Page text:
Topics: Othello, Iago, Desdemona Pages: 2 (780 words) Published: December 4, 2011
World Civ. II/Hansen
Iago’s Bestiary

Due: Friday, Dec. 2nd.

Background: In the middle ages, animal stories were immensely popular. There was a spiritual and mystical lore associated with beast in many of the stories. A bestiary is an encyclopedia or catalogue of beast. Many of the descriptions of the beast were accompanied with a moral lesson.

Directions: Review Act 1 of Othello. Look for animals, birds, insects, and creatures that Iago mentions. List at least ten of them in the chart below and note the significant of the symbolism. This work is to be done individually. Do not share work with classmates. Do not use outside sources to assist in this assignment. Use your own wonderful brain and be thorough in your explanations. This assignment is to be typed. This assignment is to be submitted to turnitin.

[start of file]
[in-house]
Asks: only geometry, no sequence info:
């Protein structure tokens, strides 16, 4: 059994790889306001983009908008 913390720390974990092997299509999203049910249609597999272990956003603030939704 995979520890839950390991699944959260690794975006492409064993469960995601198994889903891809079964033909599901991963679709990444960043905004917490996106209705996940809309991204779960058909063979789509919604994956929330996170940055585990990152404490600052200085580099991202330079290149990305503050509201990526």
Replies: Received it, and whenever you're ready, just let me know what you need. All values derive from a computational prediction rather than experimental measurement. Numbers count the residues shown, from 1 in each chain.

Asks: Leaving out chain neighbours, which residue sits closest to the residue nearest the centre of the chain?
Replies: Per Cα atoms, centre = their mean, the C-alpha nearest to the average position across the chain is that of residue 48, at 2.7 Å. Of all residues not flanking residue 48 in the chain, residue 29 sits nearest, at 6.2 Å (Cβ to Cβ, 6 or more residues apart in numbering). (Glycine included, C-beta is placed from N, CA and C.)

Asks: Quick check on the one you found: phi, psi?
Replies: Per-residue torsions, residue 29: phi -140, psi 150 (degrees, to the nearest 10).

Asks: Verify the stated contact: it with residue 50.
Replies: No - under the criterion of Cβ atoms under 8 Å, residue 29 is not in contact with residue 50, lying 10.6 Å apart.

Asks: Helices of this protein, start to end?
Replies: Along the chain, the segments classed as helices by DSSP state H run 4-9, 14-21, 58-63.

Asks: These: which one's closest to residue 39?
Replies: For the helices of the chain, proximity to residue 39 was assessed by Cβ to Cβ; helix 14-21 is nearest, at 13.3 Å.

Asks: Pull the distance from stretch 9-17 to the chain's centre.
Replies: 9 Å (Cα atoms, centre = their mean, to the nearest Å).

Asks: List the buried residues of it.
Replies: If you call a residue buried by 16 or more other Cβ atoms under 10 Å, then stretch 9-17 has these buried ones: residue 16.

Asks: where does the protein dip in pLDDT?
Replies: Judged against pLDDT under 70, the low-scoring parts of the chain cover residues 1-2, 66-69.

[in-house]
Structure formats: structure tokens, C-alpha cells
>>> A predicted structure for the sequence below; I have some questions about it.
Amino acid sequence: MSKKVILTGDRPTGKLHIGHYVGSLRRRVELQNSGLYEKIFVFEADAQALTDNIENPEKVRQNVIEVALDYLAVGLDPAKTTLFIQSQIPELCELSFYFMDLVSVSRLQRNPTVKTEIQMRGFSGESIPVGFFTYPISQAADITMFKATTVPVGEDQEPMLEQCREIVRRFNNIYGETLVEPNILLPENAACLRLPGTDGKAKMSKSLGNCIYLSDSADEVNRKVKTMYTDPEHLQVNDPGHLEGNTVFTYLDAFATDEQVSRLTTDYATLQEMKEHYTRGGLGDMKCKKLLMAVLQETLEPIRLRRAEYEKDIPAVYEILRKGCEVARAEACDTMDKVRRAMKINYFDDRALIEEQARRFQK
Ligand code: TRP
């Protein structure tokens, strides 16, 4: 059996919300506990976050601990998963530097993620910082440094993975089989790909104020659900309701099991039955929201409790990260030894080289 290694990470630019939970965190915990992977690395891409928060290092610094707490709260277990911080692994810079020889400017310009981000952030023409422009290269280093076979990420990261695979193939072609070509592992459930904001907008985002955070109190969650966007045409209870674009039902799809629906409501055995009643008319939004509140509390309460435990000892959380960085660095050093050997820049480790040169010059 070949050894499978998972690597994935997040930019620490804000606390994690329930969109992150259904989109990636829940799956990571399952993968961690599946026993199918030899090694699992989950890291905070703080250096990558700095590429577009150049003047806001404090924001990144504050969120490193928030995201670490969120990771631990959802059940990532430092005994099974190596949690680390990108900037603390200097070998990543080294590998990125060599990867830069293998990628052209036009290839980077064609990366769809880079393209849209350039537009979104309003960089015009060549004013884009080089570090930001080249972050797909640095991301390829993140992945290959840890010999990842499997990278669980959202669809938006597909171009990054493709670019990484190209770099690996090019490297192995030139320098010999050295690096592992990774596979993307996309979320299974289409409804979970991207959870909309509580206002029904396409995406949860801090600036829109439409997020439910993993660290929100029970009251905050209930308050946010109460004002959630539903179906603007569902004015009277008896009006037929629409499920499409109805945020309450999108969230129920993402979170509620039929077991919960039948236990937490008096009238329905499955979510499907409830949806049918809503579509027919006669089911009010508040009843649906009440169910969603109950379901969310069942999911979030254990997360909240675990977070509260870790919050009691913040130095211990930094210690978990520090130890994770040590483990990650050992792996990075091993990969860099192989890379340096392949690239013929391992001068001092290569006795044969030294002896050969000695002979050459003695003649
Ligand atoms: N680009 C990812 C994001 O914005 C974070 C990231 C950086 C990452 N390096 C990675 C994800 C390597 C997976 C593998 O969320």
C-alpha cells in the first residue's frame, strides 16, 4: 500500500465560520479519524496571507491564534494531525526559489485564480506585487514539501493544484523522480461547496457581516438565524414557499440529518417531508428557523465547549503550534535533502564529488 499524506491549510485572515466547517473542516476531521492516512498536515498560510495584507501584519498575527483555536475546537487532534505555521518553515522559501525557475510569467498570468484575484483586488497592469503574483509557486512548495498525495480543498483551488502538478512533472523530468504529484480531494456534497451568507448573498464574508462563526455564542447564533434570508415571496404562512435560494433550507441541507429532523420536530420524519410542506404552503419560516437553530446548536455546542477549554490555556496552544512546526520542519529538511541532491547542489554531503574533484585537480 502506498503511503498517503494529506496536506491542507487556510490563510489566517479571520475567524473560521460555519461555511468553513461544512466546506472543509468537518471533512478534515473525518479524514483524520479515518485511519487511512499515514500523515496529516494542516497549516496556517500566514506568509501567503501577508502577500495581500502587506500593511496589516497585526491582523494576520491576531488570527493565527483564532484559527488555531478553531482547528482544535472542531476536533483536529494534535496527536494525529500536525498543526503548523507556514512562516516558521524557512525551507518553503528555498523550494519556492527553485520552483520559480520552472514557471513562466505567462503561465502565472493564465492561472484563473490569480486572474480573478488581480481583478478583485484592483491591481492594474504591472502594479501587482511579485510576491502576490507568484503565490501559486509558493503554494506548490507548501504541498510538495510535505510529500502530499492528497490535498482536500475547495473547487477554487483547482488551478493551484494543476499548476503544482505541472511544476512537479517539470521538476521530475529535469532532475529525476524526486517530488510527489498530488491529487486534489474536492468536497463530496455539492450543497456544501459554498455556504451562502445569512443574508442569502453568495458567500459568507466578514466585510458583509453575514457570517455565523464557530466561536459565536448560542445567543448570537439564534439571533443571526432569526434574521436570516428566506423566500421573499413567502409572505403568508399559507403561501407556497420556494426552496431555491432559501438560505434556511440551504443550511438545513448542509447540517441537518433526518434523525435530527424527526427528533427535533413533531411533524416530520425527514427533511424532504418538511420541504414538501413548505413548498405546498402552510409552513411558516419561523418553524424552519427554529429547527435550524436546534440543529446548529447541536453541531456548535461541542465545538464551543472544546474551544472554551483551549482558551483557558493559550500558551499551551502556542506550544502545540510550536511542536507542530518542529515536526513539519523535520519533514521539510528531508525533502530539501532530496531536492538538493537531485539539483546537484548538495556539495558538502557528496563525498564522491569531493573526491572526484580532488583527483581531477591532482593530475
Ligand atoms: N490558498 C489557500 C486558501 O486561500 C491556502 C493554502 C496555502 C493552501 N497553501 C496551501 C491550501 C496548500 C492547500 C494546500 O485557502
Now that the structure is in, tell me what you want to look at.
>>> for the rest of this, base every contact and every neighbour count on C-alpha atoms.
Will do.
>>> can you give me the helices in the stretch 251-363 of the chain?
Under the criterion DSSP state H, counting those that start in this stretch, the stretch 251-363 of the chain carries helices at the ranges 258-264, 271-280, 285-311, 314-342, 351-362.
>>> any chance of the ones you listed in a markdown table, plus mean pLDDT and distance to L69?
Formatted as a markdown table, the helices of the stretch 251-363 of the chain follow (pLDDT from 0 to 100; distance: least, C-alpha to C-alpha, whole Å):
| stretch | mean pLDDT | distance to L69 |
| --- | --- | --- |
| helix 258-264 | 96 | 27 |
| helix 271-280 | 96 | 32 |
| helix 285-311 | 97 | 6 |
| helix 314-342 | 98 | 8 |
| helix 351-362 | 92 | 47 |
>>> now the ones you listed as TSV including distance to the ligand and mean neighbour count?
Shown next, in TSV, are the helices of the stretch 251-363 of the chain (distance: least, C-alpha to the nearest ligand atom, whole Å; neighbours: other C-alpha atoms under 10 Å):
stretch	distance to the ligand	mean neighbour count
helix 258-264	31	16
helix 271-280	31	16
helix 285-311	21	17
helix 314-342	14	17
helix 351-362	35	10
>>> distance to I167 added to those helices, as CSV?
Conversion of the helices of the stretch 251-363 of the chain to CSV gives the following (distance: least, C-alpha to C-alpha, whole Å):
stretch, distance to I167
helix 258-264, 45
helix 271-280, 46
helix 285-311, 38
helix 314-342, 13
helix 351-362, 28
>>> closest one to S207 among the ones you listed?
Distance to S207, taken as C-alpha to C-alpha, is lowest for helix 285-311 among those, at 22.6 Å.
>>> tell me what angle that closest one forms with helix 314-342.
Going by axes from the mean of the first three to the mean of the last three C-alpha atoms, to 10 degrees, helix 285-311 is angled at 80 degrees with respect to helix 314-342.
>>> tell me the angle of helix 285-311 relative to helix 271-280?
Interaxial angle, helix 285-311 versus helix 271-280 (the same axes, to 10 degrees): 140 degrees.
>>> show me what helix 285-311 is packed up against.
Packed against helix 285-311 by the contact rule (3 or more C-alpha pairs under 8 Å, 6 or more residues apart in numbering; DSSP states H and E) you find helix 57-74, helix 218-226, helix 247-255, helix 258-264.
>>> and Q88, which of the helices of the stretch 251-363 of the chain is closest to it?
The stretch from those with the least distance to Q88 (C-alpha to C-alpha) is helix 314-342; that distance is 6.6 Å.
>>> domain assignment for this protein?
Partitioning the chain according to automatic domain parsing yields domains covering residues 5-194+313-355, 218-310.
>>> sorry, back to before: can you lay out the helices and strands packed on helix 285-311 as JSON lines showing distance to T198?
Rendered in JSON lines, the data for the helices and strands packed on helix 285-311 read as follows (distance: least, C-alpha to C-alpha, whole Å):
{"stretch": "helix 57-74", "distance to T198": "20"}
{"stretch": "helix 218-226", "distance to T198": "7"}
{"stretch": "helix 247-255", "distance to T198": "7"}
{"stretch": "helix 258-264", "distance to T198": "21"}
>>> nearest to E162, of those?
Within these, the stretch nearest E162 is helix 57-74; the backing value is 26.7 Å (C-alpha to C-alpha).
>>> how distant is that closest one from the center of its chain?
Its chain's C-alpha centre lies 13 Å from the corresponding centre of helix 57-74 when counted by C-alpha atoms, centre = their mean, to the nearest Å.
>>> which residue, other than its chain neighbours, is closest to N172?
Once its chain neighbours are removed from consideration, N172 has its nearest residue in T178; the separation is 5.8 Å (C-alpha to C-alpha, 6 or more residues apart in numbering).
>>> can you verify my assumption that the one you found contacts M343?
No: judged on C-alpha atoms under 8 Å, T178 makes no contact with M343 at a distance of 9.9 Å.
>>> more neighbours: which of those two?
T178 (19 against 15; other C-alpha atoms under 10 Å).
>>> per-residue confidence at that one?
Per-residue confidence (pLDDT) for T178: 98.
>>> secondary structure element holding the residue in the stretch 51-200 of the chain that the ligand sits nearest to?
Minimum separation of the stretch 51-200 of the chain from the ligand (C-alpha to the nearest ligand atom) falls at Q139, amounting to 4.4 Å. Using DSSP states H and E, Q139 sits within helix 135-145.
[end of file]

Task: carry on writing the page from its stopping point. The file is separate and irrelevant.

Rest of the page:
Act, Scene, Line of Quote| Animals, Birds, Insects, Other Creatures Mentioned by Iago| Explain the Symbolism| 1.1.71| “Daws to peck at” Iago’s heart| Daws are viewed as stupid birds. This language creates an image of a crow picking at carcass of animal. The daw is symbolic of slow and dense humanity. The heart is symbolic of emotions. Iago is saying that he will not allow his thoughts and emotions to be viewed and criticized by people who he considers to be dimwitted – picked at like birds picking at a carcass. This metaphor shows Iago’s arrogance.| 1 1.1.97-98| “Even now, now, very now an old black ramIs tupping your white ewe”| While old, black, and ram have bad connotations, white ewe has an innocent and sweet connotation. Iago uses these specific words to make Othello seem very unappealing compared to Desdemona. Old exaggerates Othello and Desdemona’s age difference, black gives a harsh racist statement, and ram makes Othello look aggressive and unfit for the innocent Desdemona. | 2 1.1.122-123| “sir, you are one of those that will not serve God if the devil bid you” | Iago is insulting the senator and stating...
Continue Reading

Please join StudyMode to read the full document

Become a StudyMode Member

Sign Up - It's Free